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1 July 2003 Weed control and root maggots: making canola pest management strategies compatible
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Abstract

Early weed removal in canola gives the crop a competitive advantage over weeds and is therefore widely recommended for optimal crop production, but no studies have been undertaken previously to determine the effect of this practice on insect infestations. Four field experiments were conducted at Lacombe and Beaverlodge, AB, Canada, in 1999–2001 for a total of 10 site-years to determine the effect of time of weed removal on root maggot (Delia spp.) egg deposition and larval damage to taproots. The experiments also investigated the effects of other factors such as cultivar, seeding date, herbicide application rate, fertilizer rate and placement, and use of a nitrification inhibitor on root maggot damage and oviposition. Damage to taproots and oviposition declined by approximately 6 and 23%, respectively, with a delay in weed removal from the two- to six-leaf stage of canola development. The effect of time of weed removal on root maggot damage and egg density sometimes varied with site and cultivar, but the main effect of time of weed removal was more prominent (smaller P values) than interactions with site. The most plausible explanation for this effect relates to the behavioral sequence of events that precedes oviposition in mated, gravid female flies. Heterogeneous environments, such as weedy backgrounds in canola plantings, minimize opportunities for females of Delia spp. to complete the behavioral sequence required for oviposition, leading to reduced infestation levels in weedy systems. However, yield improvements achieved with early weed removal exceeded the yield benefit derived by lowered root maggot pressure when weeds were removed later. Nevertheless, current efforts to reduce pesticide use in agriculture may promote broader adoption of cultural control strategies for weed and root maggot management. In some situations, it may then be appropriate to ameliorate root maggot damage by maintaining some weedy background.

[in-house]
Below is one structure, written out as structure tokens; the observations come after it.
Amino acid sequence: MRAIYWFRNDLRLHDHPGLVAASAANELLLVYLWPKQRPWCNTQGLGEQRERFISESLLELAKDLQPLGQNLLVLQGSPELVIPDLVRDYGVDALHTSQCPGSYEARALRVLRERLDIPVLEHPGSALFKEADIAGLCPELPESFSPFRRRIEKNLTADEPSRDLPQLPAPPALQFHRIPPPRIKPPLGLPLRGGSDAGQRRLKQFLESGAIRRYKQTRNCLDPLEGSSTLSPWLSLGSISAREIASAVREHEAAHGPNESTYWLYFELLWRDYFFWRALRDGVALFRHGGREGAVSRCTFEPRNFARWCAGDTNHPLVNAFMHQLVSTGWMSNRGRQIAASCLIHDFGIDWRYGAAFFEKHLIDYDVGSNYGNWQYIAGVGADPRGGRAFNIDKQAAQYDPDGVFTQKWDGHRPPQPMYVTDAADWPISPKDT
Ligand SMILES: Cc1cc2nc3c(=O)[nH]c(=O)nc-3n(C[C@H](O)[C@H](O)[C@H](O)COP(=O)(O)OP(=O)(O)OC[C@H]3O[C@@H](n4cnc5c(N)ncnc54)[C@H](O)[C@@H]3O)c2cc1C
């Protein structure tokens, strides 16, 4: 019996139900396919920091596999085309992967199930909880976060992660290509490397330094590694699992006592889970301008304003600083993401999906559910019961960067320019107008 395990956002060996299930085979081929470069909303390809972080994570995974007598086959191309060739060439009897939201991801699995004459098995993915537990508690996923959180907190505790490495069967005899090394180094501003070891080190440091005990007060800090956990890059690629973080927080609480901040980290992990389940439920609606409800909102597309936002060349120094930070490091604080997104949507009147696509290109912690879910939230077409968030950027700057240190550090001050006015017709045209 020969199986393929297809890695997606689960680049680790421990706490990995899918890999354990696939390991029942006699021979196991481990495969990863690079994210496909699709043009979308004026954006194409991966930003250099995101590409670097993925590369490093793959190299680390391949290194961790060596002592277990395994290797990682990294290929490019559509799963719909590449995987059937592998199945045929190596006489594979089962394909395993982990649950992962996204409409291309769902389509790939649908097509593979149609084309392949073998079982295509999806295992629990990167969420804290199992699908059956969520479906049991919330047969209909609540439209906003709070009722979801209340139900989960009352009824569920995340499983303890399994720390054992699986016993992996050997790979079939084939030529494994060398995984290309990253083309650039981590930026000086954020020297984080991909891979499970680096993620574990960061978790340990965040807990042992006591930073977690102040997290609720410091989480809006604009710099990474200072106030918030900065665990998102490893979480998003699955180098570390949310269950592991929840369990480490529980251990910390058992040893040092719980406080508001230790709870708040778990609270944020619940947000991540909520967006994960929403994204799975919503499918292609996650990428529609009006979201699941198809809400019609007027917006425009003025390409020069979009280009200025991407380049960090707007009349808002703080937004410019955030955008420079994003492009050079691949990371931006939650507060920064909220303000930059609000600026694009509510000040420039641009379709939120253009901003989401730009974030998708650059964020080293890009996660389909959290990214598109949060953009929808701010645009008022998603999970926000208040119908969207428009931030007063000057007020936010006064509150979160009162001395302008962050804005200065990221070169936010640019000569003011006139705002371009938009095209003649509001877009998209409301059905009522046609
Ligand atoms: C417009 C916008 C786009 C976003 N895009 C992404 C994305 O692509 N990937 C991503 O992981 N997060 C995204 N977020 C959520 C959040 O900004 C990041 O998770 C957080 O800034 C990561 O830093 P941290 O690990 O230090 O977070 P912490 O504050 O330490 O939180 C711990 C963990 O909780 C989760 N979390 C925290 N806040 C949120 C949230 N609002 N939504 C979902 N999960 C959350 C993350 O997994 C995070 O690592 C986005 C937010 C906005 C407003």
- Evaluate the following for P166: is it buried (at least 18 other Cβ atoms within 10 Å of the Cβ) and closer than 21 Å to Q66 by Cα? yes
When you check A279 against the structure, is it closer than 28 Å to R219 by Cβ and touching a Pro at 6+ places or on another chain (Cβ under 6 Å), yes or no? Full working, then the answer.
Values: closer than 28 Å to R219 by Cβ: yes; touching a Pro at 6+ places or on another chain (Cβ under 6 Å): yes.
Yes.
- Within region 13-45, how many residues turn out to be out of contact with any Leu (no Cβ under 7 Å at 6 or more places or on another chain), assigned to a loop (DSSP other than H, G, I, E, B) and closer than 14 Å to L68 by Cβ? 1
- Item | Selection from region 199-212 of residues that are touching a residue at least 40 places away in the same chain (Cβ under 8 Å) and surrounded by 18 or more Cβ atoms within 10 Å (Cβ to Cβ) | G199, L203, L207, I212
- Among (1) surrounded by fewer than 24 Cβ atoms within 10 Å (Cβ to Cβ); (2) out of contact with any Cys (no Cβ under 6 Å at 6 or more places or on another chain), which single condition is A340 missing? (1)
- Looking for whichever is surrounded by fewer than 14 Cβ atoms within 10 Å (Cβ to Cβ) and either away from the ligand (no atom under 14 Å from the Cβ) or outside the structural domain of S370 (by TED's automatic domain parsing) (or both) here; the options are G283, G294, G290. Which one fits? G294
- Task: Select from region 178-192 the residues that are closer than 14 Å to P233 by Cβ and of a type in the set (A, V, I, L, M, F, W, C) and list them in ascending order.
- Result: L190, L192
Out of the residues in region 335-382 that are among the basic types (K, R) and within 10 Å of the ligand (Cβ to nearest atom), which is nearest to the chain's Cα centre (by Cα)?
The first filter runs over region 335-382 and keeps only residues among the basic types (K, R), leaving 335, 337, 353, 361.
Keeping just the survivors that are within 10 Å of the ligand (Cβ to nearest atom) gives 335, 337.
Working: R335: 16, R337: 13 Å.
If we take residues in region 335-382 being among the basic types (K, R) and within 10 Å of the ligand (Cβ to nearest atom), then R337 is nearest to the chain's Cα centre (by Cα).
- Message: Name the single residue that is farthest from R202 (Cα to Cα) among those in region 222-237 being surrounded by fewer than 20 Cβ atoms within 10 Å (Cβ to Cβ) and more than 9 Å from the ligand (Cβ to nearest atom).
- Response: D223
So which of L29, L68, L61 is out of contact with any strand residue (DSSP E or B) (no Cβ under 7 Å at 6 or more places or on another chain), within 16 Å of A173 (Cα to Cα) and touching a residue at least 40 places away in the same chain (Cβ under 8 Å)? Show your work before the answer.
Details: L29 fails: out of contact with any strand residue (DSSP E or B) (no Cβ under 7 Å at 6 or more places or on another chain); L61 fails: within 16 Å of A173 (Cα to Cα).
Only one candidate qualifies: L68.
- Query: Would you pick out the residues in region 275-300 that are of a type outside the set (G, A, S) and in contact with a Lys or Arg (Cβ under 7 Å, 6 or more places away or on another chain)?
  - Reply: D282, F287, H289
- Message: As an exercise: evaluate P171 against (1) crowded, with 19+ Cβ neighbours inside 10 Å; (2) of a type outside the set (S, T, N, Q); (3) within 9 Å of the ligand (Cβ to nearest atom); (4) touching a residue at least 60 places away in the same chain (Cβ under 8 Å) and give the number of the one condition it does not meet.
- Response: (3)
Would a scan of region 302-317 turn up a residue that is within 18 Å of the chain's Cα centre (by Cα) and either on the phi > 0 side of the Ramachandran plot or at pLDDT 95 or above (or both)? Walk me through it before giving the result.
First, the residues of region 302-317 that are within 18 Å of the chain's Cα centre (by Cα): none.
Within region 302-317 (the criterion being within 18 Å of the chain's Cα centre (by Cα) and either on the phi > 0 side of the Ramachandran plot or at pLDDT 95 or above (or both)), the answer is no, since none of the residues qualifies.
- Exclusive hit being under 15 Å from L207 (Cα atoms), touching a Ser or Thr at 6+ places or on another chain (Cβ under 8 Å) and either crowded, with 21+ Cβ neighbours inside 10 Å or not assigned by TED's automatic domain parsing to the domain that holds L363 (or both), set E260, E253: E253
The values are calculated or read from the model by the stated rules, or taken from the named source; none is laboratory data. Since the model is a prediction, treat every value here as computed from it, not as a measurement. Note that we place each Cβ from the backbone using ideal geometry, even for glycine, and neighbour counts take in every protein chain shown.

Nomenclature: Glufosinate; glyphosate; imazamox; imazethapyr; canola, Brassica napus L. ‘45A71’, ‘Exceed’, ‘InVigor 2153’, ‘InVigor 2663’, ‘LG3295’.

Lloyd M. Dosdall, George W. Clayton, K. Neil Harker, John T. O'Donovan, and F. Craig Stevenson "Weed control and root maggots: making canola pest management strategies compatible," Weed Science 51(4), 576-585, (1 July 2003). https://doi.org/10.1614/0043-1745(2003)051[0576:WCARMM]2.0.CO;2
Received: 28 February 2002; Accepted: 6 December 2002; Published: 1 July 2003
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